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## Official Guide Explanation:

Data Sufficiency #78

**Background**

This is just one of hundreds of free explanations I've created to the quantitative questions in The Official Guide for GMAT Review (12th ed.). Click the links on the question number, difficulty level, and categories to find explanations for other problems.

These are the same explanations that are featured in my "Guides to the Official Guide" PDF booklets. However, because of the limitations of HTML and cross-browser compatibility, some mathematical concepts, such as fractions and roots, do not display as clearly online.

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**Solution and Metadata**

**Question****: 78**

Page: 279

Difficulty: **5** (Moderate)

Category 1: Arithmetic > Ratio and Proportion >

Category 2: Word Problems > Interest Problems > Simple

**Explanation:** Call the amount that earned x percent interest a. That means the amount that earned y percent interest is 60,000 - a. Thus, the total amount of interest earned is:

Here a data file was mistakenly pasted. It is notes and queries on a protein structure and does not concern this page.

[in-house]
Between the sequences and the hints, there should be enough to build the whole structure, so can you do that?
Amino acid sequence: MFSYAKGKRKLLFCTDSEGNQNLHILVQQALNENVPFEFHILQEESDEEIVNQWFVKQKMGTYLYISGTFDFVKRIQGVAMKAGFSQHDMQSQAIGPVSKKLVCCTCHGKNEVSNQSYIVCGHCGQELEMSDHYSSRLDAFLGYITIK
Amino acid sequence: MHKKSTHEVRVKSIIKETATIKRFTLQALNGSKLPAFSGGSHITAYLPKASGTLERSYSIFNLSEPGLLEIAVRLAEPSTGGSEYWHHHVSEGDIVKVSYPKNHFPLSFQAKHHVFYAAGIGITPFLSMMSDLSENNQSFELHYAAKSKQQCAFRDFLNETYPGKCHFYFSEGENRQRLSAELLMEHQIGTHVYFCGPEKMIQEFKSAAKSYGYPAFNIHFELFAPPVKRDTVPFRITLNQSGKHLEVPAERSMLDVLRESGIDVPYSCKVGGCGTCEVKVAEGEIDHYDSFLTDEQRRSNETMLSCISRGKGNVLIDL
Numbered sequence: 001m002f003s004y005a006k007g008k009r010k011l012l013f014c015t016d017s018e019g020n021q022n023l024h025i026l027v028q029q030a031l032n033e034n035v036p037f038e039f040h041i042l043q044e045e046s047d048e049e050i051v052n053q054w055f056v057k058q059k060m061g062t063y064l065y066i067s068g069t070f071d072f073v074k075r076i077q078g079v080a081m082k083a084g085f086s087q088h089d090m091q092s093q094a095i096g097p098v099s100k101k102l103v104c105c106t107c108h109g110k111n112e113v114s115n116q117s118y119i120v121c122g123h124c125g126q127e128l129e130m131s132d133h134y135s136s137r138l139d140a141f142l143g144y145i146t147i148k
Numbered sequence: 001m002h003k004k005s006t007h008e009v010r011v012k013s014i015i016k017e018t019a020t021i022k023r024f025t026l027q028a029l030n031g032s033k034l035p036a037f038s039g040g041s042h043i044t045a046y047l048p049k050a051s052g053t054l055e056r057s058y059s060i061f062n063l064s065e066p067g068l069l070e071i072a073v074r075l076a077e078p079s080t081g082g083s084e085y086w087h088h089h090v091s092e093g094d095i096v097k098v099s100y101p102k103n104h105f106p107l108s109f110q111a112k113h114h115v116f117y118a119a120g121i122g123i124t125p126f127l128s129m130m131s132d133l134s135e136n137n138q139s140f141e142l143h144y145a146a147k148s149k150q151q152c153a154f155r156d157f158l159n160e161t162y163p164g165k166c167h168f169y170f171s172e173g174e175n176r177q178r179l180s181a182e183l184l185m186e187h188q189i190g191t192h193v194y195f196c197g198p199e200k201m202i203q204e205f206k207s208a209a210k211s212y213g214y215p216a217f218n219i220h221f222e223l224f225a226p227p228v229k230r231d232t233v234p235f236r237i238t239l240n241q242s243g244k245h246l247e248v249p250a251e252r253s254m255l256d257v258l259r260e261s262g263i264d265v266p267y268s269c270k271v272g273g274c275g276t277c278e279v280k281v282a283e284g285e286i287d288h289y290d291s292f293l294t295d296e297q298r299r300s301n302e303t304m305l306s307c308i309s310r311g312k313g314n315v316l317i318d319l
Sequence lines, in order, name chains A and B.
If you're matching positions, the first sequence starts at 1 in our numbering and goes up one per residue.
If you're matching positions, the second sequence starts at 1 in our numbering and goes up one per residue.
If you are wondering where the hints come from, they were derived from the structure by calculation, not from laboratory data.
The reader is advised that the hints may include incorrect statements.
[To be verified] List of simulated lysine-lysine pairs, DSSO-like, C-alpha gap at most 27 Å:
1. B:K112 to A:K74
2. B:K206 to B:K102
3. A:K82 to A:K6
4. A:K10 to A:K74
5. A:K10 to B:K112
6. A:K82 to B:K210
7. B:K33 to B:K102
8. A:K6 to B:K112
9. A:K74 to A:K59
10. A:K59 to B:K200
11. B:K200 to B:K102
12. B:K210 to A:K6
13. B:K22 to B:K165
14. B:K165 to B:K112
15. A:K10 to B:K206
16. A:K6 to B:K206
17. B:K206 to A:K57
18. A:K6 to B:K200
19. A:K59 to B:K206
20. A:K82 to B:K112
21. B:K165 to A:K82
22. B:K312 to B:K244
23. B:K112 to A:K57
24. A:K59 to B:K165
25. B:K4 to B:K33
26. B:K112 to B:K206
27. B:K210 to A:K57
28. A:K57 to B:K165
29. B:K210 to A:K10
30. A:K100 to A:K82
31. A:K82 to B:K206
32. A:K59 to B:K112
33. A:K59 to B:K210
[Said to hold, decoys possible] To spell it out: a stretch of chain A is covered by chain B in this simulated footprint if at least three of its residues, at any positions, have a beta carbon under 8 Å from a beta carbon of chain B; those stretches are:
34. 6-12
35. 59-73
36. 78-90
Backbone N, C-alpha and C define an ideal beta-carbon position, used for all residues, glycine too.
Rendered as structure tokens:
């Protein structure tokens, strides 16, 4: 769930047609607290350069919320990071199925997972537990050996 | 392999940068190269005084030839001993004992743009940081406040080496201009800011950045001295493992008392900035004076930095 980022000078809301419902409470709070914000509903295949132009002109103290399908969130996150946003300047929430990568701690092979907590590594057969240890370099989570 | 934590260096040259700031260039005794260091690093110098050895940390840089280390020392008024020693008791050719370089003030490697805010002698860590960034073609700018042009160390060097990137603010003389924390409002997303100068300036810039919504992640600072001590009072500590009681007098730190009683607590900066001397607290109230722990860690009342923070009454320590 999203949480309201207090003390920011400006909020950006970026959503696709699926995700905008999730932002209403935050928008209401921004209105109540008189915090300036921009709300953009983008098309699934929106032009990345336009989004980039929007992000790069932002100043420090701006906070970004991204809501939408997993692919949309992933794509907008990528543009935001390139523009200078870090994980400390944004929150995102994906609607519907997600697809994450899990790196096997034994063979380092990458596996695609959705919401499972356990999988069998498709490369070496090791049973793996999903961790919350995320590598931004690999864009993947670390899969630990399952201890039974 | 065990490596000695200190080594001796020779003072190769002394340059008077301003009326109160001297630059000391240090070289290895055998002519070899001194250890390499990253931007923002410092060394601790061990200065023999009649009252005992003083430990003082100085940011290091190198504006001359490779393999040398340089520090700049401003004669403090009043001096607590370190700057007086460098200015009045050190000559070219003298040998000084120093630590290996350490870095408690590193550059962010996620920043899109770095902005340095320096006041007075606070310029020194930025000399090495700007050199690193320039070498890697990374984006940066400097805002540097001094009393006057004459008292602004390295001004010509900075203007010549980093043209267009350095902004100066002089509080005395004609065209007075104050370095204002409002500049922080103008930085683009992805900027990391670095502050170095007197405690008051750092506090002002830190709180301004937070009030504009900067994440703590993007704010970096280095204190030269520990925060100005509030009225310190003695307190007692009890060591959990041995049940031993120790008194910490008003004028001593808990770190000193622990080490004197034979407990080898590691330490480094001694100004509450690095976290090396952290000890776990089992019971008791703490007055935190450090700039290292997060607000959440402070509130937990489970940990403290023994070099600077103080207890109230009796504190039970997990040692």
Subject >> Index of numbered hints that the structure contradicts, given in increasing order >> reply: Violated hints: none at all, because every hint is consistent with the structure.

a(((x)/100)) + (60,000 - a)(((y)/100))

We know that's equal to $4,080, and we're looking for x.

Statement (1) is insufficient. It gives us a relationship between the two interest rates, but that isn't enough to solve for any of the variables. The equation given by the question has three variables (a, x, and y), and between the question and (1), we only have two equations.

Statement (2) is also insufficient. It tells us that the ratio between a and 60,000 - a is (3/2):

((a)/(60,000 - a)) = (3/2)

That's another equation, but as with (1), it's only a second equation, even though we're dealing with a total of three variables. To solve for three variables, we need three distinct equations.

Taken together, the statements are sufficient. The question gives us one equation, (1) gives us another, and (2) gives us the third. As you can probably tell from the complexity of some of the equations and the unfriendliness of the numbers, it isn't a good idea to try to solve; instead, recognize that you have three variables and three equations, and select choice (C).

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